The Púca and Pumking Ale

I don’t like beer.  I don’t like ale. It’s just a personal taste thing. Sometimes, however, I wish I did like ale, because what I really do like are the packaging and graphics on ale bottles, especially in October. In the weeks leading up to Halloween, shops are stocked with Halloween-themed merchandise. Images of ghosts, witches, and vampires ornament paper plates, tablecloths, and soap and tissue dispensers. However, this seasonal packaging is rarely reflected in food and drink items. Ale is the big exception.

At the first hint of autumn, liquor stores begin to fill with assorted brands of ale sporting labels featuring mystical, magical, and witchcraft-themed graphics. Around this time, at least in the United States, seasonal brands of pumpkin ale also appear and their packaging is especially Halloween-themed.

I confess to being among those people who will purchase products I never intend to use or consume because I find their packaging irresistible.  An example is a bottle of Imperial Pumking—ale brewed with pumpkins– from the Southern Tier Brewing Company of Lakewood, New York.

The bottle label describes its contents as “bewitched and brewed with Pagan spirit.” Also according to the bottle label, Imperial Pumking Ale is “brewed in the spirit of All Hallows Eve, a time of year when spirits can make contact with the physical world and when magic is most potent.” How could I not purchase it? Transcending the Halloween graphics and magical references, however, something else sold me, too: personal guilt.

Regardless of how large and comprehensive my encyclopedias may be, someone or something is inevitably omitted, if only because of insufficient space— any traditional book only possesses so many pages. Thus there was a culling process to determine, for example, which spirits were included in The Encyclopedia of Spirits, and which were, unfortunately, not. Had it been possible, I would have included many more spirits. Perhaps they await Volume 2. But in the meantime, I feel guilty for leaving them out.

Pumking Ale’s bottle describes the product as “an ode to Púca” and so I was instantly smitten. Púca (or “the púca”) is among those spirits who never made it to the final version of The Encyclopedia of Spirits, but only because of constraints of space. Thank you, Imperial Pumking Ale, for giving me the opportunity to spotlight this powerful and ancient spirit.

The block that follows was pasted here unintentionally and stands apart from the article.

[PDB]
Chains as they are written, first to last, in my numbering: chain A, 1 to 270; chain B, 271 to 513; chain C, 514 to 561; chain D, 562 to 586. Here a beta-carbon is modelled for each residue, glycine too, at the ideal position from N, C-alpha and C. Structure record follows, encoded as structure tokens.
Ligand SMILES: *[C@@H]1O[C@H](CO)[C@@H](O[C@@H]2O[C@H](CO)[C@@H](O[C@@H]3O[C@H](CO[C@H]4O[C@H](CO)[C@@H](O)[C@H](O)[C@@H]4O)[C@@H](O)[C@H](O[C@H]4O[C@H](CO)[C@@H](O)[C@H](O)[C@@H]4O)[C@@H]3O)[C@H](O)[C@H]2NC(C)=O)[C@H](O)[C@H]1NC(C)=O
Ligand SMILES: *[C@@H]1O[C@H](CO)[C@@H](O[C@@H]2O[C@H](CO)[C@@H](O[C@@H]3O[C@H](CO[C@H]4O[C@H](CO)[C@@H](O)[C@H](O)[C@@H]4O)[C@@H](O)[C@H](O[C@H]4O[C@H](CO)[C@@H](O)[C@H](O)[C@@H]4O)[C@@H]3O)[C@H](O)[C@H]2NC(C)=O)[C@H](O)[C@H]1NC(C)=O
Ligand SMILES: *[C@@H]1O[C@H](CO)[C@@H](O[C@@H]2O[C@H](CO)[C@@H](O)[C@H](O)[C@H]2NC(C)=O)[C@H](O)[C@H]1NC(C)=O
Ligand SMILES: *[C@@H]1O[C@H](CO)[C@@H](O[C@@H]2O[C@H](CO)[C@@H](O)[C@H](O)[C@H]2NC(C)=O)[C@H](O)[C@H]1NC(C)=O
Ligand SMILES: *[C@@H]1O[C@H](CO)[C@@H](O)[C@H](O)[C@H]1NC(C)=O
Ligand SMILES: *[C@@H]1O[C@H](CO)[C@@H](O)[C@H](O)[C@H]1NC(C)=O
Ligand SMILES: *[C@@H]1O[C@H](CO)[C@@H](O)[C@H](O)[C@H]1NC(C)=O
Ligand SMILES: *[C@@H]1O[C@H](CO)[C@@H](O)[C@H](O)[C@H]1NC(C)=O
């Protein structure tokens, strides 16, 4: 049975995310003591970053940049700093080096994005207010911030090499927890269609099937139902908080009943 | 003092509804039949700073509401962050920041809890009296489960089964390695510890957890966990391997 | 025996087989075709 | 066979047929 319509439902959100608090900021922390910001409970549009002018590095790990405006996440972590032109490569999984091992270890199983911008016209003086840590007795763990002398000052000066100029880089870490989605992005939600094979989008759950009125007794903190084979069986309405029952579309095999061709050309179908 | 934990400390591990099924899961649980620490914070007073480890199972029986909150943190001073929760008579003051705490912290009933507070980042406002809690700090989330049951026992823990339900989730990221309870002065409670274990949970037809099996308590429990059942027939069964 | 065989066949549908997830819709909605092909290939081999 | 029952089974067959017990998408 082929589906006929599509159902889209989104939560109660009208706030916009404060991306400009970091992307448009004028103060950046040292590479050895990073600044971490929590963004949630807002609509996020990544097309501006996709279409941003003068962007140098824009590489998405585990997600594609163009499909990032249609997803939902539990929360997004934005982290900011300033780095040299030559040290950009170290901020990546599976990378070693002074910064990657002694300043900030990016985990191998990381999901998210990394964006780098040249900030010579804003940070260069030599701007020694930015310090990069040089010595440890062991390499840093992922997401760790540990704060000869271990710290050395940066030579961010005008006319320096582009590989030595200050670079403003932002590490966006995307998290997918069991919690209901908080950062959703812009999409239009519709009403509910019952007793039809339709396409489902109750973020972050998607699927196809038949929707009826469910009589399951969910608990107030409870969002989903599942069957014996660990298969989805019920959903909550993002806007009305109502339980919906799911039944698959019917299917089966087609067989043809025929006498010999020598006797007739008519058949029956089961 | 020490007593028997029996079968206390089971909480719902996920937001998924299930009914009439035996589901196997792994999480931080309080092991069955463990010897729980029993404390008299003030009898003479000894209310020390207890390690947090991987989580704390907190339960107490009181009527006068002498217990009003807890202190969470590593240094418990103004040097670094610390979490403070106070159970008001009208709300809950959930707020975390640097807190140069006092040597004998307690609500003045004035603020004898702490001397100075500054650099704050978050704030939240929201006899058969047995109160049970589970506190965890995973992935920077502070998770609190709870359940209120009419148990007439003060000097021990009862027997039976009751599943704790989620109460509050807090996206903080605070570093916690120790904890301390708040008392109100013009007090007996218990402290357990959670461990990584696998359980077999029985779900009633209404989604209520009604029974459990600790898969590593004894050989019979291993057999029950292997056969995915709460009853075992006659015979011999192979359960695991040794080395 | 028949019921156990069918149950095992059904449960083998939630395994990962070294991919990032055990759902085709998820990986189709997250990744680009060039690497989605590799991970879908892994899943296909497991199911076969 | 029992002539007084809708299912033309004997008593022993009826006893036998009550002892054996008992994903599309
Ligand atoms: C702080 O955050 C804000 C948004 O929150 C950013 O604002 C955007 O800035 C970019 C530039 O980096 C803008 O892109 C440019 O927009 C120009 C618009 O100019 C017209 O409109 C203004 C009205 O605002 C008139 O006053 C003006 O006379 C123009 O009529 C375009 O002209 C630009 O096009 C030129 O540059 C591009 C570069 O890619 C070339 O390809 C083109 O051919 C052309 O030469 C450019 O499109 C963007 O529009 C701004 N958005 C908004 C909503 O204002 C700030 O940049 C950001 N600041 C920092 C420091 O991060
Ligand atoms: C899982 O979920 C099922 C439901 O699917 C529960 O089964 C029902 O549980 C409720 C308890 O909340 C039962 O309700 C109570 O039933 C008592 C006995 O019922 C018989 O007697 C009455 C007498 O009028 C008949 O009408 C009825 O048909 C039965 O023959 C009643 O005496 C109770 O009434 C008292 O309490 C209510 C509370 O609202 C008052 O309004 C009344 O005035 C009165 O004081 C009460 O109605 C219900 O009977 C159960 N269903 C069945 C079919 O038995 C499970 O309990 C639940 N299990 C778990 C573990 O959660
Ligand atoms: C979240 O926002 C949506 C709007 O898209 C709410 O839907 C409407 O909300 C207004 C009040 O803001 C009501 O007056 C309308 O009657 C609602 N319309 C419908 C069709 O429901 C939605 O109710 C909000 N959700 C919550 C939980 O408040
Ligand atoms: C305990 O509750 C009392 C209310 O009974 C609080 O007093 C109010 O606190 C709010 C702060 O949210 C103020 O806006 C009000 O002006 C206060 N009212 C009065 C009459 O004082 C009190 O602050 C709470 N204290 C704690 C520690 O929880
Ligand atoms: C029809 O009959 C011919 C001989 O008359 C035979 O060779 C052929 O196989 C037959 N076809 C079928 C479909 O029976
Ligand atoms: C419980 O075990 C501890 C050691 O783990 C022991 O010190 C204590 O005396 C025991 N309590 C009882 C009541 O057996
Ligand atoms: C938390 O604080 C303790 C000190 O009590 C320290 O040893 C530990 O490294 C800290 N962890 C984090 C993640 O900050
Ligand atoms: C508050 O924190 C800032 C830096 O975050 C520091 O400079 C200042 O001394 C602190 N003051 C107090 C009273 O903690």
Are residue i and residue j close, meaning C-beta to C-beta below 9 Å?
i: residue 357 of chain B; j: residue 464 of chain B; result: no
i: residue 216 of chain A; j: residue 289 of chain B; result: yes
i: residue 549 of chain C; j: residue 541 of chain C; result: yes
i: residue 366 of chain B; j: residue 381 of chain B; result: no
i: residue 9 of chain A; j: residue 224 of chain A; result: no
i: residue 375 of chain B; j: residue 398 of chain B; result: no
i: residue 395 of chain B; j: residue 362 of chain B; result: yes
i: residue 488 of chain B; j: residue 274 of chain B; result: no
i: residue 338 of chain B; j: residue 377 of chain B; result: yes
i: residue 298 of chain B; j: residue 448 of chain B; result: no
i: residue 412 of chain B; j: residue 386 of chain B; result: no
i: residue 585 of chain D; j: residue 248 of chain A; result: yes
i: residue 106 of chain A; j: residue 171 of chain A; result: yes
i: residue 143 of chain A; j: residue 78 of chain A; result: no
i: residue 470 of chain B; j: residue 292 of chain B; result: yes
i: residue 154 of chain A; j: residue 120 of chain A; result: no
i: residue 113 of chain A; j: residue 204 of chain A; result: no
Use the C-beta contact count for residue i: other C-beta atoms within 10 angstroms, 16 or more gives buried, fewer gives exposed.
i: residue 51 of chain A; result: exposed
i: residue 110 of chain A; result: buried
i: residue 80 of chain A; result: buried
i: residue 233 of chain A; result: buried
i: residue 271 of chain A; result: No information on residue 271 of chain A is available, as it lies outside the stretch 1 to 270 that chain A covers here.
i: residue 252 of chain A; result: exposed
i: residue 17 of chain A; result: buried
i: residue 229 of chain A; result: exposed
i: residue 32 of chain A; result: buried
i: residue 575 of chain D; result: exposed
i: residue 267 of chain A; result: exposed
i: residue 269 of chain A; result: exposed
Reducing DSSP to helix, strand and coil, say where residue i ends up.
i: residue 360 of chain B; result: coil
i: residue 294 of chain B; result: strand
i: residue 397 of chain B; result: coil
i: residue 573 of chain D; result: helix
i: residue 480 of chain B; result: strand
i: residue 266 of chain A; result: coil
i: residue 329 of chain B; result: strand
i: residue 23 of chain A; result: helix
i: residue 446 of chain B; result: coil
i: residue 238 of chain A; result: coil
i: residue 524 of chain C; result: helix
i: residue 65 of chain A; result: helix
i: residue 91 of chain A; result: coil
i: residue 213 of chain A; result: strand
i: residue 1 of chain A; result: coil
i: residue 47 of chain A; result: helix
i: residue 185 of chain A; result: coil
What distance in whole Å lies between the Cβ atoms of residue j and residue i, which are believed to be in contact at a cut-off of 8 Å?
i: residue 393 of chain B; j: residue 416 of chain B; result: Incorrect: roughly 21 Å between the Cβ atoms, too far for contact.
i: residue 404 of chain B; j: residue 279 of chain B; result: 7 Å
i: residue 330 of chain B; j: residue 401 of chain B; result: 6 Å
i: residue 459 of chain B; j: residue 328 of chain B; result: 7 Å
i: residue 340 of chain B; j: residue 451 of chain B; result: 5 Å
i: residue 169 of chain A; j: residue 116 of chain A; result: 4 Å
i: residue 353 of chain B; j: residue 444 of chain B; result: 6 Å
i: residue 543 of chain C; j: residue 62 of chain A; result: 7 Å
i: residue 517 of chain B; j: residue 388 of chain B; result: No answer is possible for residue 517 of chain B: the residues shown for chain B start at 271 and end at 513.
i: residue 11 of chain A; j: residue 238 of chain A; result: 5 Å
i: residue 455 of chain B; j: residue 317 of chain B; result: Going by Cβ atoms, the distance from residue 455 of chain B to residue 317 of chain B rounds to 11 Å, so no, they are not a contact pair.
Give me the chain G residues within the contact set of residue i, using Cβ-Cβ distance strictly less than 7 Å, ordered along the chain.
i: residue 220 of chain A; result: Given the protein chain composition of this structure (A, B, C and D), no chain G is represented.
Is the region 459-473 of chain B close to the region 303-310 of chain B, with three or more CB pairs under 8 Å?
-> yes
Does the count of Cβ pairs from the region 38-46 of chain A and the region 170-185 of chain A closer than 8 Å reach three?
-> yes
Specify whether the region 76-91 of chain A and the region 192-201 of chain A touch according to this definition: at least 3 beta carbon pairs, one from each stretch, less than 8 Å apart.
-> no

Arthur Rackham Puck of Pook's Hill

Arthur Rackham's Puck of Pook's Hill

The name Púca is often translated as “Irish goblin” however this spirit is not limited to Ireland. He is accurately described on the Imperial Pumking Ale label as a “creature of Celtic folklore.” Some scholars theorize that his origins transcend or precede the Celts. The Púca may be a particularly ancient, indigenous European spirit, as similar names for a similar being appear throughout the continent.

In this blog post, I will use the same spelling as that on the Pumking bottle, but the name is also commonly spelled puck, puka, puca, pwka, phooka, and pooka. In the Channel Islands, it’s spelled pouque. Depending on who’s arguing the point, the púca may or may not be the same being as Cornwall’s Bucca. Again, depending on perspective, there may be only one Púca or the name may refer to a type of spirit, in which case there may be many individual púcas.  Alternatively, there may be one, grand Púca, who supervises a clan of Púca spirits, similar to the hierarchy of La Madama spirits.

Puca the King of the Fairies by Martin Byrne of Carrowkeel

Puca the King of the Fairies by Martin Byrne of Carrowkeel

Some of the confusion regarding the Púca’s identity or origins may derive from his prodigious shape-shifting skills.  The Púca may appear in the form of a goblin, a goat, a bull, or as a raptor with a truly impressive wing-span. The Púca may also take on equine form, similar to the Kelpie. This equine Púca roams the nocturnal countryside— a wild, dark horse, with glowing sulfur-colored eyes, who may literally and forcibly take people for a wild ride.  He also tramples crops, kicks over haystacks, demolishes fences and gates, and frightens chickens badly enough to make them cease laying eggs.

The Púca bears a long reputation as a trickster. The greater the Christian influence and orientation of his mythology, the more diabolical the Púca tends to appear, however this spirit can also be benevolent and helpful.

The Púca’s appearance on Imperial Pumking Ale is extremely appropriate, as he is genuinely and traditionally associated with Samhain, the ancient Celtic harvest festival that is among the precursors of the modern Wiccan sabbat, as well as of secular Halloween. Gifts were once left for Púca on Samhain Eve at Croagh Patrick in County Mayo, Ireland. I suspect he might not object to a libation of Pumking Ale.

Legend says that on this particular night, the Púca emerges from Croagh Patrick to prophesize to the devotees waiting there. As its present name attests, Croagh Patrick is now powerfully associated with Saint Patrick, however, it was considered a holy mountain long before the arrival of Christianity in Ireland. One legend suggests that it was from here that Patrick banished Ireland’s snakes.

November 1st is the Púca’s feast day. Although often nocturnal, the Púca is out and about on this day and reputedly in sociable, good humor. On November 1st, the Púca willingly answers questions, offers advice, and provides reliable prophesy, if requested.

More information about the Kelpie and La Madama may be found in The Encyclopedia of Spirits.

More information about Saint Patrick may be found in The Encyclopedia of Mystics, Saints, and Sages.